Five Things You Have To Know Before Working In Dubai

by Sam Barker

Working in Dubai can be lucrative for many, with high wages and low taxes, it is a mecca for anyone wanting to earn big bucks. That being said however, it is still important to bear in mind that Dubai is an Arab city, situated within a Muslim country. With both tradition and law held in high regard, it is important for anyone starting a new job abroad in Dubai to know exactly what they are walking into and what will be expected of them.

Burj Al Arab in the UAE

So if you plan on working in Dubai, or getting a finding a job in the United Arab Emirates in the near future, here are five things you need to know:

1. Clothing Is Very Conservative

Although considered very liberal when put into context compared to other places in the Middle East, Dubai still maintains conservative dress codes. Any clothes that are somewhat transparent, low-cut, or short should be left at home and what’s more, it is absolutely imperative for women that the stomach, shoulders, and back are completely covered when in public. Men must cover their chest, and all underwear should be out of sight. Such rules are more relaxed when it comes to the beach and at swimming pools owned by hotels, but topless sunbathing is a big “no” in any location. At the end of the day, make sure you are maintaining modesty in your dress everyday.

2. Premarital Relations Are Illegal

Crime rates are particularly low in Dubai as the laws are strict and there are severe punishments for people who break them. One of these laws is sex outside of marriage, which can also be applied to expats and visitors from any country too. In fact, even if you have been living with your partner for decades, you cannot legally live together once you work abroad in Dubai – even in hotels. It is important that you do not take any risk in regards to this law as you can be jailed and then deported from the country.

Mesquita in Dubai

3. Public Displays of Affection Are Rarely Tolerated

Although holding hands is generally okay (if you are married), kissing, and hugging is not tolerated in public. In regards to dancing however, the rules are slightly different, as it is allowed in the privacy of your own home or at licensed clubs, but dancing in public is deemed to be provocative. It is deeply frowned upon for men to take photos of women without permission, be sexual or harassing in nature toward them, or even randomly speak to a woman.

4. Islamic Values Must be Respected

Muslims pray five times a day, which is when mosques call people through their speaker systems. During this time, it is important that you turn off all music so that daily prayers can be given. During Ramadan, it is also important to know that drinking, smoking, playing loud music, and dancing during daylight hours are strictly forbidden. Nothing can enter your body, not even your finger, so no picking your nose or nail biting. Breaking these observations can result in heavy punishments – even for non-Muslims.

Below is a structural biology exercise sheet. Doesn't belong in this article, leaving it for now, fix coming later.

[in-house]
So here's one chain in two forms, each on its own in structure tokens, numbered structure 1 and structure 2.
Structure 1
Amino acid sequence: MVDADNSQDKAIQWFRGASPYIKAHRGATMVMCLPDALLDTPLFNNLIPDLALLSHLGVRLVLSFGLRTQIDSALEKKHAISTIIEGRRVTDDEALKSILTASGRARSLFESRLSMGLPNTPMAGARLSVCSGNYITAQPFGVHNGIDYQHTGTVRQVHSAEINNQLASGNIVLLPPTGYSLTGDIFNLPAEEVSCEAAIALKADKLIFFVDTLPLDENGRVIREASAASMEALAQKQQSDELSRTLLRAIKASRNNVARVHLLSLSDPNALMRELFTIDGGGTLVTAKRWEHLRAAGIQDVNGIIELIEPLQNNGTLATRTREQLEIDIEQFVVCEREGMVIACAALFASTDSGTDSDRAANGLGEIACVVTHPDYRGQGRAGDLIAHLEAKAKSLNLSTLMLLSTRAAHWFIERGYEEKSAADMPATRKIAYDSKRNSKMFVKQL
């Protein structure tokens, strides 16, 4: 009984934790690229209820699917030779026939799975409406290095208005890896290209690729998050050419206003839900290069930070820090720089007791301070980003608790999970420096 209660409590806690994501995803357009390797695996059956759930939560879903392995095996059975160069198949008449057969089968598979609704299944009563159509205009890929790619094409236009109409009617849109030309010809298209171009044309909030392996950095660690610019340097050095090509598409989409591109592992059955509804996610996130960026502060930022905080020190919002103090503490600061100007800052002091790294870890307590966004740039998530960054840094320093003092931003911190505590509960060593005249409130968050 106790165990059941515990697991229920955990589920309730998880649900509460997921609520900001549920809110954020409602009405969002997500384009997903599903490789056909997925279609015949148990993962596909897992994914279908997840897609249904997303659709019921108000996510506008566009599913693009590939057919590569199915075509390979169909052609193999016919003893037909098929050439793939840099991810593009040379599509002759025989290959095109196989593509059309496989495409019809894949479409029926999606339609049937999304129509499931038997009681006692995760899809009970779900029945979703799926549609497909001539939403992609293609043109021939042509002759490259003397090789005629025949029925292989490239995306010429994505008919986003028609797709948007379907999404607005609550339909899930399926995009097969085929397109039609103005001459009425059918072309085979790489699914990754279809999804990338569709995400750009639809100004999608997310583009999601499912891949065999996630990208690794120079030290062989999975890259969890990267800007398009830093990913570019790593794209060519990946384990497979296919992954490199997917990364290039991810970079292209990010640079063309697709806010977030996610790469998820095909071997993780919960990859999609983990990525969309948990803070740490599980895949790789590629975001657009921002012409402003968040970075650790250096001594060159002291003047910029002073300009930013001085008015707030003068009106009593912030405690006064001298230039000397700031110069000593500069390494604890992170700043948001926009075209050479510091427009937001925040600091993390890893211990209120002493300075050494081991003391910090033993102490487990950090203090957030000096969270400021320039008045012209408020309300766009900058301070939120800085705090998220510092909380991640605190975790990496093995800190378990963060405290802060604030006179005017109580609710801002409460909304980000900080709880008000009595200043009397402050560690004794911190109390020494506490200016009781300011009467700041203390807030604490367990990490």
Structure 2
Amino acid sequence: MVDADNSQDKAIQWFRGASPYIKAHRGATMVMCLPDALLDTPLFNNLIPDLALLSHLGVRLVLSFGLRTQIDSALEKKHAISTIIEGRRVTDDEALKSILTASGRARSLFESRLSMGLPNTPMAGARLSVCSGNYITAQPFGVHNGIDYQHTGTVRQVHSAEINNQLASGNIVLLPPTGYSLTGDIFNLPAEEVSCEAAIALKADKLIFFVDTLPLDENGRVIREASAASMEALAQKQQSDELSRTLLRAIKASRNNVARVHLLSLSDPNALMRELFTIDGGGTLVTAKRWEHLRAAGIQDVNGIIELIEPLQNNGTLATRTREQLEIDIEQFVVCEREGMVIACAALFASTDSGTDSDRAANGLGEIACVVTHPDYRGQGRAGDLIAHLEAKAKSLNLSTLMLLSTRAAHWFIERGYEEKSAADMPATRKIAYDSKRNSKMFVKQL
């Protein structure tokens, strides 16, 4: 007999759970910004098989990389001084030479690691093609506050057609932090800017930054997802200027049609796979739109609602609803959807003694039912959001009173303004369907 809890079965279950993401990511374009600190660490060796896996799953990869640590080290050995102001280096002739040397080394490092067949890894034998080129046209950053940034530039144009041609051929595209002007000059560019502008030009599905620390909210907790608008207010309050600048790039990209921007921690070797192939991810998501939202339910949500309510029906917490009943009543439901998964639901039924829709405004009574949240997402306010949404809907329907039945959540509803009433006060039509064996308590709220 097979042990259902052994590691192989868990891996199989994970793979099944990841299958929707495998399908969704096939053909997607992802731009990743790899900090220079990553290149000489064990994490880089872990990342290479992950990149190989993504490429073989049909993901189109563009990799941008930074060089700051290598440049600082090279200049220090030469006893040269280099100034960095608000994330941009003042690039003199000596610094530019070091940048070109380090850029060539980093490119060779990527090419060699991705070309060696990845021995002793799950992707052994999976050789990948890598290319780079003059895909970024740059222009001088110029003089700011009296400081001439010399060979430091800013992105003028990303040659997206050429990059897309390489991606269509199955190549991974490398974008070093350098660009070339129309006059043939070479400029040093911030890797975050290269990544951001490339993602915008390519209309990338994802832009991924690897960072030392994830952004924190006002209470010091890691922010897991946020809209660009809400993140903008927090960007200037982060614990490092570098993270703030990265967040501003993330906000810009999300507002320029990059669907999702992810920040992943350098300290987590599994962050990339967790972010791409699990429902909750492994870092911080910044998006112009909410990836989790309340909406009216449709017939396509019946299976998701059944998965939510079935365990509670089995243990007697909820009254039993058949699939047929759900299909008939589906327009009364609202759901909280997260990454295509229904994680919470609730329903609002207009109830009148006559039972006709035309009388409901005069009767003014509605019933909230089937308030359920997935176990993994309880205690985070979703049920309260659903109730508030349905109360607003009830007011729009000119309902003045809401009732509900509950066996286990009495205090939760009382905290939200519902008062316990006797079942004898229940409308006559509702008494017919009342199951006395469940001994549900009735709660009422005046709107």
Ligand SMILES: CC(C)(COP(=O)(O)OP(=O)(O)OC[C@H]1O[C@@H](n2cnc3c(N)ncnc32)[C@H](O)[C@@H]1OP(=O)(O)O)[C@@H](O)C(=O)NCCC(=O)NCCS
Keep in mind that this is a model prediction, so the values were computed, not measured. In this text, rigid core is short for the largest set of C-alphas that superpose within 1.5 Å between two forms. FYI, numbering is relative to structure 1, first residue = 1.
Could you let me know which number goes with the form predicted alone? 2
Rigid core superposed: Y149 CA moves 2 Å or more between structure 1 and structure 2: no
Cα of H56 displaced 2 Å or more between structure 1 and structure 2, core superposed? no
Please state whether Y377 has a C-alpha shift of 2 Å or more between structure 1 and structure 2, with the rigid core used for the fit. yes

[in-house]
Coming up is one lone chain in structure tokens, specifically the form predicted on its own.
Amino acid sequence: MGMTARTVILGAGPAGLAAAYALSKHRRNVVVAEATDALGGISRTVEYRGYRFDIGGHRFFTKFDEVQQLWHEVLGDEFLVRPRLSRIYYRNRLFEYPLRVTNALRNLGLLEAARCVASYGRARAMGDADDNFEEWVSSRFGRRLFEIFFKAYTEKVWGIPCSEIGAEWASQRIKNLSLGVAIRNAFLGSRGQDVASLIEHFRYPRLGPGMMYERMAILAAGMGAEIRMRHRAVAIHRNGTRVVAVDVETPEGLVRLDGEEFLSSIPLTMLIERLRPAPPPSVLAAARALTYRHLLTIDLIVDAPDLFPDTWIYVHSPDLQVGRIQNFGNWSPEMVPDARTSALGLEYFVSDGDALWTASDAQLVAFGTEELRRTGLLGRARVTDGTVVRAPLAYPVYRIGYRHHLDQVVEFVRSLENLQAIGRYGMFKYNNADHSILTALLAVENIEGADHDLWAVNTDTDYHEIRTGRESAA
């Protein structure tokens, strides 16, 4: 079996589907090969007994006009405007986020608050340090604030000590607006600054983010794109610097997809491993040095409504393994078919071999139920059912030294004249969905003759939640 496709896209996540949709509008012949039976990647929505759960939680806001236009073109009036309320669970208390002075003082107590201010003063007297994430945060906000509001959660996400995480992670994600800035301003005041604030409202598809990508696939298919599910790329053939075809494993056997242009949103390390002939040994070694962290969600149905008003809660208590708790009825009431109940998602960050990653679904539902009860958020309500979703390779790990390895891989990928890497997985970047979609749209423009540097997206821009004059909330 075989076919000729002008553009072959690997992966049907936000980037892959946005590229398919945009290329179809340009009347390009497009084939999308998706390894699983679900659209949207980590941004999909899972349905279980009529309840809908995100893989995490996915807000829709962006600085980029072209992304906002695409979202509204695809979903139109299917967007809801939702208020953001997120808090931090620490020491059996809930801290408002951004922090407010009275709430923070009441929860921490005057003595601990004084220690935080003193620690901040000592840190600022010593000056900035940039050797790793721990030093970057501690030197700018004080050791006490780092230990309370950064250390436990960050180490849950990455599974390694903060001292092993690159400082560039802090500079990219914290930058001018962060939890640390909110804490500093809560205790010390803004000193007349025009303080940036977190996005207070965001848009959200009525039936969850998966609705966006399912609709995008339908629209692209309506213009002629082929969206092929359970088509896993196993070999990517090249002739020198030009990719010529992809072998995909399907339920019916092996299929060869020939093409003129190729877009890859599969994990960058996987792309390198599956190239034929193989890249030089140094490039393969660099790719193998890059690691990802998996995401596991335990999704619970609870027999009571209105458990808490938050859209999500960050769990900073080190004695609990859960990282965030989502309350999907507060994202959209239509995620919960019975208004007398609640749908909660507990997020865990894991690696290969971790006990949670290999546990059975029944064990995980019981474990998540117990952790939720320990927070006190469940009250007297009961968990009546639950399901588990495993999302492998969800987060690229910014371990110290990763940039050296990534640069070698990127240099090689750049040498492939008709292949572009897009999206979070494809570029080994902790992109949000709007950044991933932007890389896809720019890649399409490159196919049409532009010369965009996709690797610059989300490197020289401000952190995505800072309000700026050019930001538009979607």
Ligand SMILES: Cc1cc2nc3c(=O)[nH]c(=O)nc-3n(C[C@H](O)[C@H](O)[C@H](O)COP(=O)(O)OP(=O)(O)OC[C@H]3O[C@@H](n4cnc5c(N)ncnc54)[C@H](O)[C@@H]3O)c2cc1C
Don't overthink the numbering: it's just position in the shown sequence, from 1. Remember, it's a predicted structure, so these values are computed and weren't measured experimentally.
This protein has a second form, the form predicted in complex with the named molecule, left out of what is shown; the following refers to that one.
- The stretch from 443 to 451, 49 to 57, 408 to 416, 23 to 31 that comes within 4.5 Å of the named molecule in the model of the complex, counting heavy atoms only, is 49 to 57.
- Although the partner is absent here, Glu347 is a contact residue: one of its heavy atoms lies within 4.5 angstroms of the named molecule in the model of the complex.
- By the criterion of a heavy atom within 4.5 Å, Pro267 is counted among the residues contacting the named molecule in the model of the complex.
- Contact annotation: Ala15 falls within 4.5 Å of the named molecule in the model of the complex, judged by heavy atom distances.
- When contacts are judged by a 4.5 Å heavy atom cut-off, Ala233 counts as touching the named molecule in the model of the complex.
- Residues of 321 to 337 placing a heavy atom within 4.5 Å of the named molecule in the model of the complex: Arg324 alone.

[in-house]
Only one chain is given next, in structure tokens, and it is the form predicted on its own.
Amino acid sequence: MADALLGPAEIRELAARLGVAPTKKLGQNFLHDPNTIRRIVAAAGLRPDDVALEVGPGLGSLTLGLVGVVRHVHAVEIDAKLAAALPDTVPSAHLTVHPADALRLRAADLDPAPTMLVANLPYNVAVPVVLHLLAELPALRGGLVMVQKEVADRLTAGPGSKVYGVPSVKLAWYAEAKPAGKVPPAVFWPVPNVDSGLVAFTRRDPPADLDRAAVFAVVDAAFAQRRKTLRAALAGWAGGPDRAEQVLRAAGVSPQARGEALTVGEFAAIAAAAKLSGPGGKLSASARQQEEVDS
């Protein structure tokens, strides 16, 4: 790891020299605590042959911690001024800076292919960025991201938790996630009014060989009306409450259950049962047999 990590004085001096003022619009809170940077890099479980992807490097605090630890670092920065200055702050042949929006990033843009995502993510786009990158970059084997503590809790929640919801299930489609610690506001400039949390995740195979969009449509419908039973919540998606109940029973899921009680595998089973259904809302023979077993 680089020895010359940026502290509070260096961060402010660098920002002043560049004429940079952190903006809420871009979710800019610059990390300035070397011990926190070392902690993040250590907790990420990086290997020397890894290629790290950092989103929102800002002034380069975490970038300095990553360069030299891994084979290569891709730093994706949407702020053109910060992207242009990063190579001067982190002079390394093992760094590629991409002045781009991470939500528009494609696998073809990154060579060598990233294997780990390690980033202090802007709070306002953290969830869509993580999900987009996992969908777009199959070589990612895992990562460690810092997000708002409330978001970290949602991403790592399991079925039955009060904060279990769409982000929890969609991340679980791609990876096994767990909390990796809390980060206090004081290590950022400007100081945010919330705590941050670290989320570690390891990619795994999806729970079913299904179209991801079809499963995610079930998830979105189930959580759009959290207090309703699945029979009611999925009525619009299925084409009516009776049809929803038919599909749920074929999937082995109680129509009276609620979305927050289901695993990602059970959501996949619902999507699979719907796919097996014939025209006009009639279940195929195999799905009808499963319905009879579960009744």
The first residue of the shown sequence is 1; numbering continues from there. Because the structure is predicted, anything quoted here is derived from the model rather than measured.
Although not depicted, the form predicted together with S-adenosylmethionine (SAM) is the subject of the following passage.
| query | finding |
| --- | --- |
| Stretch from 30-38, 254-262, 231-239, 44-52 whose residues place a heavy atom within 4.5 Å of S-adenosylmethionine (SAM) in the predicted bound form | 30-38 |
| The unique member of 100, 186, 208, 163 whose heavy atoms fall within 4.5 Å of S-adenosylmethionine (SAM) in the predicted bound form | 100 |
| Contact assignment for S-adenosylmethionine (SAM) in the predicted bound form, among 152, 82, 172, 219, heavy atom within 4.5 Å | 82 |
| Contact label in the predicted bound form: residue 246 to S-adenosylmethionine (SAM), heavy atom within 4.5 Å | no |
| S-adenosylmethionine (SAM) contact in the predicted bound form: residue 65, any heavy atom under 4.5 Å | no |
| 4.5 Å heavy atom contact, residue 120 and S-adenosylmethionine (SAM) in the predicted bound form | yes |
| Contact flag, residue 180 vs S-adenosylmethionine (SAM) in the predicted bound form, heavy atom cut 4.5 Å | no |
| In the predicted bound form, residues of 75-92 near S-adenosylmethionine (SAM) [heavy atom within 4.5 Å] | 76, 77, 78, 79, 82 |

In general, any disrespect towards religious beliefs or practices is considered deeply offensive and is likely to result in a heavy fine and or imprisonment. Other religions are respected in Dubai and may be followed by expats working in the UAE.

5. Alcohol Consumption & Inebriation Is Illegal in Public 

It is forbidden to drink alcohol in Islam, although this was not always the case. At first Muslims were only forbidden to be intoxicated during prayer, until finally, some years later the Qur’an stated that, "intoxicants and games of chance" were "abominations of Satan's handiwork,” and so Muslims were ordered to abstain. This means that public consumption and inebriation in public is illegal, though it is legal for non-Muslims to enjoy alcohol in licensed premises, as long as they themselves have their own liquor licences to drink. Non-Muslim residents must even attain a liquor licence in order to drink alcohol at home. What’s more, the licence that you are issued is only valid in the Emirate in which you applied for it.

Police jeep in Dubai

You will be able to buy and consume alcoholic drinks within licensed hotels and clubs, but remember that doesn’t change the legality beyond the doors. It is strongly advised that if you are leaving the premises, you get straight into a taxi and do not wander around the area.

In Dubai the legal drinking age is 21, but this is not consistent throughout the Emirates. For example, the legal age to drink alcohol is 18 in Abu Dhabi (although a by-law allows hotels to serve alcohol only to those over 21). In Sharjah, drinking is totally illegal and it is also worth mentioning that passengers in transit through the U.A.E. under the influence of alcohol may be arrested.

If you feel ready to follow the rules, it is time to find a job in the UAE!

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